It should come as no surprise that decent health care benefits top the list as a priority for current job seekers. According to an article on Fastcompany.com:
“Just over three-quarters of U.S. workers prefer great health care packages over schedule flexibility and remote working, parental leave, free food, onsite daycare, or gym memberships.
In the realm of small business, understanding the requirements and options for providing health insurance to your employees can be overwhelming. With the uncertainty surrounding health care reform, it is increasingly imperative for small business owners to be aware of the implications this may have on their organization.
What is ACA?
The Affordable Care Act (ACA) is a healthcare reform law, enacted under former President Obama, that aims to make affordable healthcare available to more people. Health insurance plans are offered on The Marketplace, an exchange website operated by the federal government. The open enrollment period for health insurance begins November 1st and ends on December 15th.
The ACA requires that all individuals be covered by a health insurance plan, but it also allows the option to opt-out and pay a penalty for choosing to be uninsured.
How does this pertain to small business owners?
As mandated by the ACA, employers with 1-50 full-time employees (FTE’s) are considered small businesses and subject to certain rules and provisions.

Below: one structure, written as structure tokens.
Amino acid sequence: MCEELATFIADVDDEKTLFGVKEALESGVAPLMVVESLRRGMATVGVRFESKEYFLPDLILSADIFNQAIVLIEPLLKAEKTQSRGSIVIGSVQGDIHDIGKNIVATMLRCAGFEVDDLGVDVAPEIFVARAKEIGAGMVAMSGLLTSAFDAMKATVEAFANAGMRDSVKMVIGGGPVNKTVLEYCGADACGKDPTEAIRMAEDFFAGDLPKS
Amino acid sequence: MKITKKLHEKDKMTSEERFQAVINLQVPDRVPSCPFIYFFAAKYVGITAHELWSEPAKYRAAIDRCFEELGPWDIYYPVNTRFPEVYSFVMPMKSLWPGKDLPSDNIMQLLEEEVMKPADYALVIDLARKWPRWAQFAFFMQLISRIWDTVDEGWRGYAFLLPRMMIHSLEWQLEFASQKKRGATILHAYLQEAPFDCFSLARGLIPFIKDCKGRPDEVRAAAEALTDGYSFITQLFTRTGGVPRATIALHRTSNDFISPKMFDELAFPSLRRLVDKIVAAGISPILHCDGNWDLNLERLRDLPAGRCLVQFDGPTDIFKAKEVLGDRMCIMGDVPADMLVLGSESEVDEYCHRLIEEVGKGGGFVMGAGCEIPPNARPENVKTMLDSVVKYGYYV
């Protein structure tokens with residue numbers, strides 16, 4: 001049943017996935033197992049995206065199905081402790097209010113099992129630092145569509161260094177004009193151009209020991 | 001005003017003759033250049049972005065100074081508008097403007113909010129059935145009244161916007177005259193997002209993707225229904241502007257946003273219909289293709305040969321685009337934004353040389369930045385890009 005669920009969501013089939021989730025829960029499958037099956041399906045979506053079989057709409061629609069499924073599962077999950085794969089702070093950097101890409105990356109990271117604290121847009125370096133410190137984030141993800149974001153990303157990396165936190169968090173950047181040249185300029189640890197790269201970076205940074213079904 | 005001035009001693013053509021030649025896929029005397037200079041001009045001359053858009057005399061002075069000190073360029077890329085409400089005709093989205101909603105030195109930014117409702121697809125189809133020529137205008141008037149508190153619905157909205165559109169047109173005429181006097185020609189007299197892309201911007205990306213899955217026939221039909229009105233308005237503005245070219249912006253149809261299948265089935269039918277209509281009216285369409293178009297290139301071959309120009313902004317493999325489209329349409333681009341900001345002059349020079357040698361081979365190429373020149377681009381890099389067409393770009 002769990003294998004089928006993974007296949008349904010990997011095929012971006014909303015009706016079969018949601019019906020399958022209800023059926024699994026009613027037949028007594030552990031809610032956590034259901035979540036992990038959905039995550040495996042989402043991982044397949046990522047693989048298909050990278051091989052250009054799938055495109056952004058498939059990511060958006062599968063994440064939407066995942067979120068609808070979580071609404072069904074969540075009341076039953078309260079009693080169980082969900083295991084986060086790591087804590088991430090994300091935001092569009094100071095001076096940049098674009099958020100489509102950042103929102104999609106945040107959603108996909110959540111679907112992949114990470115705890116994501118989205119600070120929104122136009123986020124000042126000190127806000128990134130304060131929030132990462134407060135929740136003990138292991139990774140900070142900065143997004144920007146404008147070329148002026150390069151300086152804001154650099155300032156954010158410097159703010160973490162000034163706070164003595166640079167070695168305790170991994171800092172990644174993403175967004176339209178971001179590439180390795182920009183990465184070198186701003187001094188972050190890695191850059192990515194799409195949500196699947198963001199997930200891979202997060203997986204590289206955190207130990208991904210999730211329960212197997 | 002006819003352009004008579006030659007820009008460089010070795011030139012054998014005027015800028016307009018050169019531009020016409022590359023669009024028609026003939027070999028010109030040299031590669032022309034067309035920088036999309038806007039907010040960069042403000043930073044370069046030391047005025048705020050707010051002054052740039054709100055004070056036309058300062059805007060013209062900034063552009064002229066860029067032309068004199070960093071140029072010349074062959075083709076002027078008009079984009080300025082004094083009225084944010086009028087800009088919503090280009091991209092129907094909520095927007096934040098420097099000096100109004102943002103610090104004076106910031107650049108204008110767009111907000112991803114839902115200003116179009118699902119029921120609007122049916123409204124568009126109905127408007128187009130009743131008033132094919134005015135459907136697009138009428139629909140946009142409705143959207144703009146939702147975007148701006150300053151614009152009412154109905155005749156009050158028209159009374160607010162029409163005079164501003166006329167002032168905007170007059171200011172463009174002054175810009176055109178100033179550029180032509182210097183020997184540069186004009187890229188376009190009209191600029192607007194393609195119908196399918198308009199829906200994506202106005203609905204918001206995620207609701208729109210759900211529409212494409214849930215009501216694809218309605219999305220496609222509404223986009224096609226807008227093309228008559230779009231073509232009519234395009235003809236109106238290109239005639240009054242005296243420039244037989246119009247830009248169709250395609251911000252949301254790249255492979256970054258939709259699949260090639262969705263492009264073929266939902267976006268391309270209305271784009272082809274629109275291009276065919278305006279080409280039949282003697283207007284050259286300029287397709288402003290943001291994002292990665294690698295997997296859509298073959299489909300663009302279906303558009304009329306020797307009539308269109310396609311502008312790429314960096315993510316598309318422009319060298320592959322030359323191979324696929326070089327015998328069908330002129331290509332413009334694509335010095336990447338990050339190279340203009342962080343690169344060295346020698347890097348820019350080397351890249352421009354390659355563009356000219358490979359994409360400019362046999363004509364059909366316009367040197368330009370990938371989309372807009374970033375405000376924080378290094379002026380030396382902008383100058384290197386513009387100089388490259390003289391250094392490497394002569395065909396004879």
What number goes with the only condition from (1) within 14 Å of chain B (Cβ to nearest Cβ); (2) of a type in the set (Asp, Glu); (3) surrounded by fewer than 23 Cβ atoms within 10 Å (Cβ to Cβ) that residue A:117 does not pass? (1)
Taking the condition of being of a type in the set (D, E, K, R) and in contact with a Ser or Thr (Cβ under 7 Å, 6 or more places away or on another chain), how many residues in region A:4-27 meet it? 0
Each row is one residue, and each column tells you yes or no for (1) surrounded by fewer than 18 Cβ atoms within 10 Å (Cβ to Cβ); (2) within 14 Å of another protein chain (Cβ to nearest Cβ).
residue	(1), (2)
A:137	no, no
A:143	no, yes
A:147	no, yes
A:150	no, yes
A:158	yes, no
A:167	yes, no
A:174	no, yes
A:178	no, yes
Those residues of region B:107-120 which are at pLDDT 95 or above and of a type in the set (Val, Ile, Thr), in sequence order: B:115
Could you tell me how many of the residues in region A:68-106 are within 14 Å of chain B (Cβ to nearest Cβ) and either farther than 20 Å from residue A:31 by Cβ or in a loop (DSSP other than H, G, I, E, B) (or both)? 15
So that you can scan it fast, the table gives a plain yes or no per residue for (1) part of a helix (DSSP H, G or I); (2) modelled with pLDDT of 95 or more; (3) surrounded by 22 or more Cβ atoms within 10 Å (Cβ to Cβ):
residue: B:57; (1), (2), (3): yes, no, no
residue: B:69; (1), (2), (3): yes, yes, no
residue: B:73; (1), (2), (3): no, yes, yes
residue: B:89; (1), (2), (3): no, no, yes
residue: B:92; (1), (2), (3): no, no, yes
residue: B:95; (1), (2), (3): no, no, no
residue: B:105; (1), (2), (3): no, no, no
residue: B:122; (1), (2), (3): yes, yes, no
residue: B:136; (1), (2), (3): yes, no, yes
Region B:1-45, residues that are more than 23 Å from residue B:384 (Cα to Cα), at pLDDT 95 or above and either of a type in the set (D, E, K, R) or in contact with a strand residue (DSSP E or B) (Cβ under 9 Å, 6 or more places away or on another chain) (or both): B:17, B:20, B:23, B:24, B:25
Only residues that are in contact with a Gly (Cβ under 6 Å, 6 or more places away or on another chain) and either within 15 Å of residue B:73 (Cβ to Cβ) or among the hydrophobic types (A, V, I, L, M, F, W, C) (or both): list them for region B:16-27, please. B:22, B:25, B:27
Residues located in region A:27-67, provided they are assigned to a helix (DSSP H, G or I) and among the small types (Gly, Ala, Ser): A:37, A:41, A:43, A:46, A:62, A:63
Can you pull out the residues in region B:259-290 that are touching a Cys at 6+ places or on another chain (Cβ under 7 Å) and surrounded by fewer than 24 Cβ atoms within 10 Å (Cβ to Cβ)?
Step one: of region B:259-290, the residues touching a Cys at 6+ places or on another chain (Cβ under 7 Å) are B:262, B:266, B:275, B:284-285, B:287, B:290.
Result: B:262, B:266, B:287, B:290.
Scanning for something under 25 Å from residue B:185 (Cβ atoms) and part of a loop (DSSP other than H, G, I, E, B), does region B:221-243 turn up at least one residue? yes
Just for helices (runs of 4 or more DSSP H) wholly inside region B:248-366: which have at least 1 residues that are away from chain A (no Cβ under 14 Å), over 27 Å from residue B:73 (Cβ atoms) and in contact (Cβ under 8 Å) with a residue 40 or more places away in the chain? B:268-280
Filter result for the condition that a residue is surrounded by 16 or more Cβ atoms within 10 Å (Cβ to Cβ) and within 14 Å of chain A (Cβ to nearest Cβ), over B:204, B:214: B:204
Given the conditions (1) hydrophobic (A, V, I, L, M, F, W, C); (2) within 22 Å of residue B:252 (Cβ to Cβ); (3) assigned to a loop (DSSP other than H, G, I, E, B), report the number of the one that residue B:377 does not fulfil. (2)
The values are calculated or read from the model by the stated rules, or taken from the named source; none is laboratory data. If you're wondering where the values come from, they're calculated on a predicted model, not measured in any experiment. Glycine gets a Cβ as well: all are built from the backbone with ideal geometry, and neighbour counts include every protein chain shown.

- Exempt from Providing Health Coverage: Small businesses with between 1 – 50 employees are not required to provide workers with health care coverage. These businesses may, however, elect to provide health care plans purchased through the private market or through the Small Business Health Options Program (SHOP). This tool was established to provide direction to small businesses regarding health and dental coverage options for their employees.
- Exempt from Penalties: Businesses with fewer than 50 employees are exempt from penalties from the IRS that larger organizations are subject to for failure to comply.
- Small Business Tax Credit: For small businesses that opt to provide health care coverage, there may be tax credits to help mitigate the costs to employers. According to Healthcare.gov, “small businesses with less than 25 employees, [who] pay an average annual salary below $50,000, and contribute 50% or more toward employees’ health premiums may qualify for a small business tax credit.”
- Mandated Reporting: Based on whether or not your company chooses to provide health care coverage, you may be subject to certain mandatory reporting under the ACA. This could include withholding and reporting a certain percentage of wages, reporting the value of the provided health insurance coverage, and filing an annual report. For more information, visit this link.
It’s important to note that it’s advisable to be diligent in your understanding of what qualifies as a full-time employee under the ACA. The definition provided is someone who works either:
- A minimum of 30 hours per week,
- 130 hours per month, or
- A total of 1,560 hours in a year
Potential Changes to the ACA